So why not just follow the short-term downtrend and press short positions? My explanation is simple: oversold trading conditions are an extreme, and the market does not like sitting still in extremes – especially selling extremes. The risk/reward for NEW short positions is much better on rallies. I am guessing plenty of bears took that risk as the S&P 500 ran into its 50DMA resistance. Ultimately, the biggest reason for not going overboard with shorts is that this is still a bull market, and there is still a very strong uptrend in place. I think charts are handy, visual reminders. I use SPY (weekly) here because my S&P 500 chart is full of notes.
This chart is what has helped make oversold periods such successful trades and overbought ones so tough to deal with! It is quite remarkable how few times since the historic lows in 2009 that the S&P 500 has actually printed a lower low on this uptrend. The most significant lower low was in the summer of 2011 when the U.S. government seemed intent on sending the U.S. back into a recession. That period produced an extremely sharp and notable sell-off. The last lower low was part of the January/February sell-off and that only lasted a few days before the S&P 500 shot higher. In other words, the perma-bears and sellers have yet to prove they can do serious damage to this market.
I contend that when this bullish uptrend hits its next true speed bump, we will know from a lower low: a break below the August low of 1899. Such a break will happen to coincide with a 200DMA breakdown – notable in of itself, given the LAST break of this powerful uptrend was in November, 2012! This also means that the Black Friday trade is reaching a historic two years without going negative.
Here is a very relevant video from CNBC featuring an anchor and some pundits trying to take to task my favorite permabear Bill Fleckenstein. Of all the bears I follow, I respect Fleck the most, but both sides of this lively argument missed key points. Bulls need to appreciate that this super-rally can easily drive us all to become very complacent. Bears need to admit that trying to call tops year-after-year has simply helped absolutely no one. To Fleck’s credit, he is sooooo non-committal on when to start shorting this market that he has been able to avoid the many wrong calls so many perma-bears keep making. But he has also not participated in the upside these many years…and as you will see from the video, he really doesn’t care! I can only assume he remains confident he will make it all up in a hurry once he finally decides to go short again.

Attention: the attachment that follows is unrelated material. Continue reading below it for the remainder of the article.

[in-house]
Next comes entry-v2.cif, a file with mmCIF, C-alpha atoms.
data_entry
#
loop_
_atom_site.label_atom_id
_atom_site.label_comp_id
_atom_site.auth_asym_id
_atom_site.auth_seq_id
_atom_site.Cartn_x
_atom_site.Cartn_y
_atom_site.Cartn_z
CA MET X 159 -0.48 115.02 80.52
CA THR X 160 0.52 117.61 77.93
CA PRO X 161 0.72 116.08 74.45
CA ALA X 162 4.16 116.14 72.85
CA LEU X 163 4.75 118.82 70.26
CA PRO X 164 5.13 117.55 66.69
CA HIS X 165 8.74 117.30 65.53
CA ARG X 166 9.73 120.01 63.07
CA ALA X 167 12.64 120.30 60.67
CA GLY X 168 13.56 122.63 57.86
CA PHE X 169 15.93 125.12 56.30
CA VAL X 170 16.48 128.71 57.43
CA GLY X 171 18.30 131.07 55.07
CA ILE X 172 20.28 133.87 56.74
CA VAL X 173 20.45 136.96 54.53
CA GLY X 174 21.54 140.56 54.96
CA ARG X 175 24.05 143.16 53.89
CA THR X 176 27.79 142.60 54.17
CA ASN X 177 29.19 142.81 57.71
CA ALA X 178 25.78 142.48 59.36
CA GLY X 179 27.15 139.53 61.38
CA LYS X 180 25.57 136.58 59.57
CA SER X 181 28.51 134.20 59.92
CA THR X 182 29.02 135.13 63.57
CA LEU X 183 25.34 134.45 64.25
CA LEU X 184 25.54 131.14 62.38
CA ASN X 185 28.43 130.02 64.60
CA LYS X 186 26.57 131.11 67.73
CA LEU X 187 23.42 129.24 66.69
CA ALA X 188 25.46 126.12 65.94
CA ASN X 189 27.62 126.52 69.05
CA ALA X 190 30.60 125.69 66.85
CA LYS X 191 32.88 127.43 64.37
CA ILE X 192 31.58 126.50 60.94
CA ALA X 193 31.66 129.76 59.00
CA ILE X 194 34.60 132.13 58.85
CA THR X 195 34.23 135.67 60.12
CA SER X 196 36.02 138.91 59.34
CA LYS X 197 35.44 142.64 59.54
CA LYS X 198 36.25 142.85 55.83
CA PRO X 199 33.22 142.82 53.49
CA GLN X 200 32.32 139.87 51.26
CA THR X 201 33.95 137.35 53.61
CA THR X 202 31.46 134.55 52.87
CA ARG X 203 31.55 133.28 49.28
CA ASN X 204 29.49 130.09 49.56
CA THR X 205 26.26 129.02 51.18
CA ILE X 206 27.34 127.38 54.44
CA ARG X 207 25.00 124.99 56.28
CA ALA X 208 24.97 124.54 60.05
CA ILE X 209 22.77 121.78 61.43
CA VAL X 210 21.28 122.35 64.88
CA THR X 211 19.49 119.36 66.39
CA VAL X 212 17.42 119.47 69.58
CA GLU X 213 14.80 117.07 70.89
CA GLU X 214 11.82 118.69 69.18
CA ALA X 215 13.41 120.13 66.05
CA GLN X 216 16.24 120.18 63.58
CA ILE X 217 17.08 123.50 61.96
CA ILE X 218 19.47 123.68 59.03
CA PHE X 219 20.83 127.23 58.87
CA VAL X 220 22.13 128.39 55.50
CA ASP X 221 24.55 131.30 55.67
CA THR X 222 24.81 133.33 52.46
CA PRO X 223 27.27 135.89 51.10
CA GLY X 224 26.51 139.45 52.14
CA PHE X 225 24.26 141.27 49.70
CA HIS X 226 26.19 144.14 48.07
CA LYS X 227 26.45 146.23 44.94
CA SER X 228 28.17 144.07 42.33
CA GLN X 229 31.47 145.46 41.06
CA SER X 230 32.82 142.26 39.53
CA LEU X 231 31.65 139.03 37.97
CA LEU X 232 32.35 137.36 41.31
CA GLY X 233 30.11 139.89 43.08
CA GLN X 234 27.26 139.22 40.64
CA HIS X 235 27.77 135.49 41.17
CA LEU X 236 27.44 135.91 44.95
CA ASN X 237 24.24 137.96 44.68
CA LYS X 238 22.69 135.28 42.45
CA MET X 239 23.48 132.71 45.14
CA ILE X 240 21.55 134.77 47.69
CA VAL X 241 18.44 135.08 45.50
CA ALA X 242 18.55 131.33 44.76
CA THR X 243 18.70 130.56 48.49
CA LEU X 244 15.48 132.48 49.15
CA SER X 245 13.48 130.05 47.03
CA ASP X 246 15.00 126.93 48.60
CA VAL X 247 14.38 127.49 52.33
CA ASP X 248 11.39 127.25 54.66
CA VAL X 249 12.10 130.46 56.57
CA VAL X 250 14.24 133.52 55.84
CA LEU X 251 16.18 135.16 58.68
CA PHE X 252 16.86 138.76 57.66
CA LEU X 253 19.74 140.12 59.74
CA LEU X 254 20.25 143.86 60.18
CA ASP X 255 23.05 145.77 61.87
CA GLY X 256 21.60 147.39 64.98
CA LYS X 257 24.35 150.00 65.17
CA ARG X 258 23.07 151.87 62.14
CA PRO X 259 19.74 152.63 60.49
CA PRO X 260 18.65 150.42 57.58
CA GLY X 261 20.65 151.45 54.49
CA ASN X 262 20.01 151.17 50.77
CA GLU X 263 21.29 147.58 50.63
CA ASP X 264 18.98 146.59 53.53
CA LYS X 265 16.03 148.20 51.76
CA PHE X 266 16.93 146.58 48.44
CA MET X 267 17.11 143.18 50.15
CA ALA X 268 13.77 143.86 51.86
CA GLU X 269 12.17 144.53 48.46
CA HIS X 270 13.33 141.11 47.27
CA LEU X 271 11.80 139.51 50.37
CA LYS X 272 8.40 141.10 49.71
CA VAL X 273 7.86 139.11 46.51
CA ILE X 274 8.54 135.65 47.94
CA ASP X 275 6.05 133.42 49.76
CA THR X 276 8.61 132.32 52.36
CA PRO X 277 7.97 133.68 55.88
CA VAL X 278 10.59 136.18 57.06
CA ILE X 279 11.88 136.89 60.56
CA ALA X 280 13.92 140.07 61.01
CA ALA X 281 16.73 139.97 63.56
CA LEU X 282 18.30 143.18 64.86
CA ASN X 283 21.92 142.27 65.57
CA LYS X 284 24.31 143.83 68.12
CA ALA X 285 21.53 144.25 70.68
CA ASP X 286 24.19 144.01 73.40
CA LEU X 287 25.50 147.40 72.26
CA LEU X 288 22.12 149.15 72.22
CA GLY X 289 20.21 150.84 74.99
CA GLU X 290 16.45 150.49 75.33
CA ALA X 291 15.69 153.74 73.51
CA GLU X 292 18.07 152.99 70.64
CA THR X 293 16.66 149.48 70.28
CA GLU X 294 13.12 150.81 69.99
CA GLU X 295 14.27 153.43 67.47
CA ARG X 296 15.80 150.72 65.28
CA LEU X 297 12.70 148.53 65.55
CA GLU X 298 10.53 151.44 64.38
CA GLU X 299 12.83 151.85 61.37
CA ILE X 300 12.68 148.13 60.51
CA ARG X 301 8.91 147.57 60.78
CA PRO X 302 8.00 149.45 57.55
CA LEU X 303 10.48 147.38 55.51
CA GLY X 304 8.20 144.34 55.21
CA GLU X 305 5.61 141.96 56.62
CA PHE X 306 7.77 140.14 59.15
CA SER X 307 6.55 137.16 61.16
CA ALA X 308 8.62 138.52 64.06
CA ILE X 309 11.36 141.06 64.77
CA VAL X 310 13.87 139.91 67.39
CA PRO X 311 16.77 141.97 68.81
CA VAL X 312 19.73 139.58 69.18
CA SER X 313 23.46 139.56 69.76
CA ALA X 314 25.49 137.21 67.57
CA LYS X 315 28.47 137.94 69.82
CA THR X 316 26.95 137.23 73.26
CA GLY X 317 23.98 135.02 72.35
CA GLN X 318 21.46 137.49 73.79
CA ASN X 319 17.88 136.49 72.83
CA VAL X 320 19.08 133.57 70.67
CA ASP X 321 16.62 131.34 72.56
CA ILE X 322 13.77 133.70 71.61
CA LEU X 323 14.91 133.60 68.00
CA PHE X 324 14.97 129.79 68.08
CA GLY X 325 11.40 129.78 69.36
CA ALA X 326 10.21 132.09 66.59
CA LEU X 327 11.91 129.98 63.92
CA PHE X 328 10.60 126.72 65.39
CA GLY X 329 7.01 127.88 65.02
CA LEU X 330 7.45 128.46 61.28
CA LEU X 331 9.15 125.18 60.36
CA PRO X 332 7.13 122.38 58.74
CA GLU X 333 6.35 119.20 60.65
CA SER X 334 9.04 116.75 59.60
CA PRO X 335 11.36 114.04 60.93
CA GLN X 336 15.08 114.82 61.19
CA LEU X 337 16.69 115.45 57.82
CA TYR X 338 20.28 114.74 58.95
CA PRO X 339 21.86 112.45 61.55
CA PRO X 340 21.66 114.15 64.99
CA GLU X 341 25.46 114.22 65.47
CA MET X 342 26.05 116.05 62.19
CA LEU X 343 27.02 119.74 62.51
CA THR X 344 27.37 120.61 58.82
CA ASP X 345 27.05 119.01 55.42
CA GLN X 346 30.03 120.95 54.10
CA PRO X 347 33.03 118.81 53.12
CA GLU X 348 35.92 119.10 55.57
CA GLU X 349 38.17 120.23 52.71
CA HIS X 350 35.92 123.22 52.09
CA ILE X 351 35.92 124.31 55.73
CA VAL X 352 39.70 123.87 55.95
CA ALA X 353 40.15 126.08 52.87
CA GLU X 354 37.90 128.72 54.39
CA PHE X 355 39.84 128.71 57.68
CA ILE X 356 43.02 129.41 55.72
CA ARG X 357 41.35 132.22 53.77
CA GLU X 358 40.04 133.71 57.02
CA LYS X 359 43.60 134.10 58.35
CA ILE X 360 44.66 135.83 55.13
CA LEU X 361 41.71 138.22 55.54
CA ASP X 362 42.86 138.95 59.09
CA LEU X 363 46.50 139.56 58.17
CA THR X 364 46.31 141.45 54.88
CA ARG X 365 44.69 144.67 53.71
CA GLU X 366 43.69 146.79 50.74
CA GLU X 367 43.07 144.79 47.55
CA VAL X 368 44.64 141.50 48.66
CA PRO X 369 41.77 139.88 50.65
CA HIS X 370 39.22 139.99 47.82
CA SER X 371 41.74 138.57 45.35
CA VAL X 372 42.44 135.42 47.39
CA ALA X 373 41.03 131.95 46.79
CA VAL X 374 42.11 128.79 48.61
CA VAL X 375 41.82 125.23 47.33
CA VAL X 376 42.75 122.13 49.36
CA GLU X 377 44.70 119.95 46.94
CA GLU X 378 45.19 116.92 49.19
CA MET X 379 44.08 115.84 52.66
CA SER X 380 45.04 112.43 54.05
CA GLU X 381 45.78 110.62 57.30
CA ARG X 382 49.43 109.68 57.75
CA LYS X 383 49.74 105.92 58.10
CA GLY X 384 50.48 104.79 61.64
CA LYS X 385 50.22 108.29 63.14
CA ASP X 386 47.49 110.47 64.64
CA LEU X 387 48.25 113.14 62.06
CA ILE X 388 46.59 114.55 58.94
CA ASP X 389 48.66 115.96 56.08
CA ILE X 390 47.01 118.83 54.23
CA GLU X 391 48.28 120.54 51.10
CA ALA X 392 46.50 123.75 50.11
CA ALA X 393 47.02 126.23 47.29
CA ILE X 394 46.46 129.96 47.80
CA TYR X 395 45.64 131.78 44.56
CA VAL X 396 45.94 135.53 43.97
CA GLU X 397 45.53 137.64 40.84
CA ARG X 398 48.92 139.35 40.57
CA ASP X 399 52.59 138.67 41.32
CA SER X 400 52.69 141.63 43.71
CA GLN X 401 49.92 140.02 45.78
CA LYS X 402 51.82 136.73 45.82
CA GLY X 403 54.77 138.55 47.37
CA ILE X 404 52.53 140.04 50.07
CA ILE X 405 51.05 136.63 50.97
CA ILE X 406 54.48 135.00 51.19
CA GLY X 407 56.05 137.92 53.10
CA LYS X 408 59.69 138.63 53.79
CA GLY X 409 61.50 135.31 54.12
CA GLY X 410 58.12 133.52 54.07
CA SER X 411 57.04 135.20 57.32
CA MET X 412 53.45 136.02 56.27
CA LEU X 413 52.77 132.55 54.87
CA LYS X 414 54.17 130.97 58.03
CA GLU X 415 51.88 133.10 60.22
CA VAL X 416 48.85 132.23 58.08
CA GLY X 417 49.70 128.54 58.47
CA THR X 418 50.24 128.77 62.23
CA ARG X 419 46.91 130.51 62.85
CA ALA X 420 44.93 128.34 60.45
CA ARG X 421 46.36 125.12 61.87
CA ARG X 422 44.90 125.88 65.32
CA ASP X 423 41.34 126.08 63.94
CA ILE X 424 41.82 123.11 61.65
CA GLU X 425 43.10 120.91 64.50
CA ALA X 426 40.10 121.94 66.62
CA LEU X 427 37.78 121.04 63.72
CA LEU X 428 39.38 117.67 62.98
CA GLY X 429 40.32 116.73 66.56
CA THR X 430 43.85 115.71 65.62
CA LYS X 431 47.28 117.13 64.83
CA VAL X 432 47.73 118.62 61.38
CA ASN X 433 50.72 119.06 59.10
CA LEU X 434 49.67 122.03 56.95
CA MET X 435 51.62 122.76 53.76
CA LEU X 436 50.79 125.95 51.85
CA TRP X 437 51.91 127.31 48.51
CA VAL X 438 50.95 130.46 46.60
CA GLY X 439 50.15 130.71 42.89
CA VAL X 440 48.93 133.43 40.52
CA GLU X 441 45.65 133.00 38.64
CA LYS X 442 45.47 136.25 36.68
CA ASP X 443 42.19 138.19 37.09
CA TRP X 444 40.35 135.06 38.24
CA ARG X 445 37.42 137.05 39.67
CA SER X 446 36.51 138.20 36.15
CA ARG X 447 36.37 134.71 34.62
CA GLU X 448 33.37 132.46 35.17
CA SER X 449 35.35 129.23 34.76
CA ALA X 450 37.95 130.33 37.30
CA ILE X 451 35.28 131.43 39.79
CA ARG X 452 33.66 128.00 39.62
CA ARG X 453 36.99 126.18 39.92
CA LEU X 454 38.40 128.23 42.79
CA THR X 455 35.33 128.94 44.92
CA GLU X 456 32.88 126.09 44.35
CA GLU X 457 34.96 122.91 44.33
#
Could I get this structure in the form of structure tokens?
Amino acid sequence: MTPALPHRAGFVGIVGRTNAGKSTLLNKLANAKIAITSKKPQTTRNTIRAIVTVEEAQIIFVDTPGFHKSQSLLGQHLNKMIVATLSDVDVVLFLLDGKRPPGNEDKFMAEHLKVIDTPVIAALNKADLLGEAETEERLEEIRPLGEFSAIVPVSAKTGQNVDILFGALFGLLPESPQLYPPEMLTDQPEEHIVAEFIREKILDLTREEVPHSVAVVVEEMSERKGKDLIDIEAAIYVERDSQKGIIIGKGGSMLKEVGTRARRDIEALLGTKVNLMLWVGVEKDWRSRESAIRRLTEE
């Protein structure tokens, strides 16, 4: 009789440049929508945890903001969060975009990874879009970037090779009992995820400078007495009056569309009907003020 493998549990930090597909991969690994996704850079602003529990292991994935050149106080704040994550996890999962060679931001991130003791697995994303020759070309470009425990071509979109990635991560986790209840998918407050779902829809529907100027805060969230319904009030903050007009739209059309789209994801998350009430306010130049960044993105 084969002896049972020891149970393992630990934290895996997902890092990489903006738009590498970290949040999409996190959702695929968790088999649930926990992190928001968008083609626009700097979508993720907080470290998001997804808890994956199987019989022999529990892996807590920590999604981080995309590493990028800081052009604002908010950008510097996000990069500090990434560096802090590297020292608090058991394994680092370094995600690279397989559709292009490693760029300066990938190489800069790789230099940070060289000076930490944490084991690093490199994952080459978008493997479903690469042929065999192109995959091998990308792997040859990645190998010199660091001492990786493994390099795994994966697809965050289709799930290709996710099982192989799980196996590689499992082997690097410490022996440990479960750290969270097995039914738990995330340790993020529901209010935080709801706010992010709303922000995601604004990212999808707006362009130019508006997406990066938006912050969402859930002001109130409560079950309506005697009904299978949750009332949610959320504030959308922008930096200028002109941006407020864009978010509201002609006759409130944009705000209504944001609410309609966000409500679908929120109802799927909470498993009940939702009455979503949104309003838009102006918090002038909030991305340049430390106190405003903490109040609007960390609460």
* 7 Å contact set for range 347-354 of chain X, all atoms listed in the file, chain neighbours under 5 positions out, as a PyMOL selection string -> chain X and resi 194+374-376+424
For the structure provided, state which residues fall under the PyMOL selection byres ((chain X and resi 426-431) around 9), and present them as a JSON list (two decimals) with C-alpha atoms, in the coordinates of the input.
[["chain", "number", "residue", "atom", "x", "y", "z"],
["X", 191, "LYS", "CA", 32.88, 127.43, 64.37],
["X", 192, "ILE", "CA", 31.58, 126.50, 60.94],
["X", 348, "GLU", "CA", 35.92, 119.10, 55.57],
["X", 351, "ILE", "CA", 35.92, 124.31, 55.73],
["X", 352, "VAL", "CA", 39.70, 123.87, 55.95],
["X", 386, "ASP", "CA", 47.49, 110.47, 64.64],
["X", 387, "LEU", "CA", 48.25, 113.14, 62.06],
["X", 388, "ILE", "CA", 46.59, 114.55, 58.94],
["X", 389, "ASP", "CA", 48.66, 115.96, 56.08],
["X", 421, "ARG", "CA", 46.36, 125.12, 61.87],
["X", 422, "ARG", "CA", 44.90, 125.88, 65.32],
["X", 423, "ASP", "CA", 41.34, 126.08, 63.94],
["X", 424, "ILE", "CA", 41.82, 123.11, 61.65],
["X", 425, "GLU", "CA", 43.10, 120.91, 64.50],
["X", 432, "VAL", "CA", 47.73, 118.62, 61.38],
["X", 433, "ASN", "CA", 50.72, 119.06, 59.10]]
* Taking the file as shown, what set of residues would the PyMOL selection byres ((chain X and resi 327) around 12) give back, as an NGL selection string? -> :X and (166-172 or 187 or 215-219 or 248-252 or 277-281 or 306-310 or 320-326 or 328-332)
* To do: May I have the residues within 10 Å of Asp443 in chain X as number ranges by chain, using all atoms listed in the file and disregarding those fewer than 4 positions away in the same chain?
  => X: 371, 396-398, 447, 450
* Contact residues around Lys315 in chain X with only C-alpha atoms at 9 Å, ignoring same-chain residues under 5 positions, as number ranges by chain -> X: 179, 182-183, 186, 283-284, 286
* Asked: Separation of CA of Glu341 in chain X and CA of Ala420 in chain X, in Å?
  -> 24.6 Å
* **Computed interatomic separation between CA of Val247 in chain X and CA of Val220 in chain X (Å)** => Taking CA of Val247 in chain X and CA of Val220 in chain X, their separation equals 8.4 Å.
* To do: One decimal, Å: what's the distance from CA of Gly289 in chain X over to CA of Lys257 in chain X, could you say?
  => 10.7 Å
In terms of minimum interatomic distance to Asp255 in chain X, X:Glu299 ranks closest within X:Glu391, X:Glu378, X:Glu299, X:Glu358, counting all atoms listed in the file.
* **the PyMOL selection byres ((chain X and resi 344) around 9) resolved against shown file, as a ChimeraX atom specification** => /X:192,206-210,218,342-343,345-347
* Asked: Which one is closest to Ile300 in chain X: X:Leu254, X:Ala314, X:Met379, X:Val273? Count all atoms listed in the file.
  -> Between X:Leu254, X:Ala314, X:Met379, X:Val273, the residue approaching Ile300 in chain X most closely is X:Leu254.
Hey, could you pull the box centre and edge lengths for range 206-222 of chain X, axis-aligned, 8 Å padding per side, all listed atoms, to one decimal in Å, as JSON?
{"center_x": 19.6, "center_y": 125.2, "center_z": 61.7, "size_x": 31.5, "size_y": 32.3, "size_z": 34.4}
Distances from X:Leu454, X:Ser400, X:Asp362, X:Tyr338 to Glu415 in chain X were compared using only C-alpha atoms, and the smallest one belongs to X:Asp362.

But let’s not get too ahead of the game just yet. What is currently in front of us is a fresh oversold period, featuring intensifying selling pressure. Both the S&P 500 and the NASDAQ printed classic topping patterns last month that are helping to embolden sellers. As I have noted during each oversold period, remember these things always feel painful as they unfold…and they look like “obvious” buying points after they end. So, I stick to the time-test T2108 rules to guide the way.
And here is a chart of the Australian dollar versus the Japanese yen (AUD/JPY). It is STILL holding firm at 200DMA support and failing to confirm this sell-off.
Finally, here are charts to highlight the two mistakes I made on Monday, October 6th when I failed to monitor how BOTH major indices were faring at their 50DMAs. Google (GOOG) is now breaking down below BOTH its 50 and 200DMAs and looks like a short, especially if it cracks the August low around $560. iShares MSCI Emerging Markets (EEM) closed BELOW the 200DMA after gapping up and trading above that important line of resistance. Today, Tuesday, the follow-through selling has printed an ominous “abandoned baby top” which essentially trapped buyers like myself. I definitely prefer to be short EEM here regardless of T2108 conditions. The T2108 rules are only for the S&P 500 anyway. Like CAT, I consider EEM to be a great downside hedge at this juncture especially with the U.S. dollar soaring and commodity prices continuing to collapse.
Daily T2108 vs the S&P 500
Black line: T2108 (measured on the right); Green line: S&P 500 (for comparative purposes)
Red line: T2108 Overbought (70%); Blue line: T2108 Oversold (20%)
*All charts created using freestockcharts.com unless otherwise stated
The T2108 Resource Page
Expanded daily chart of T2108 versus the S&P 500
Expanded weekly chart of T2108
Be careful out there!
Full disclosure: long SSO call options, long UVXY put options, long GOOG call options, long EEM call options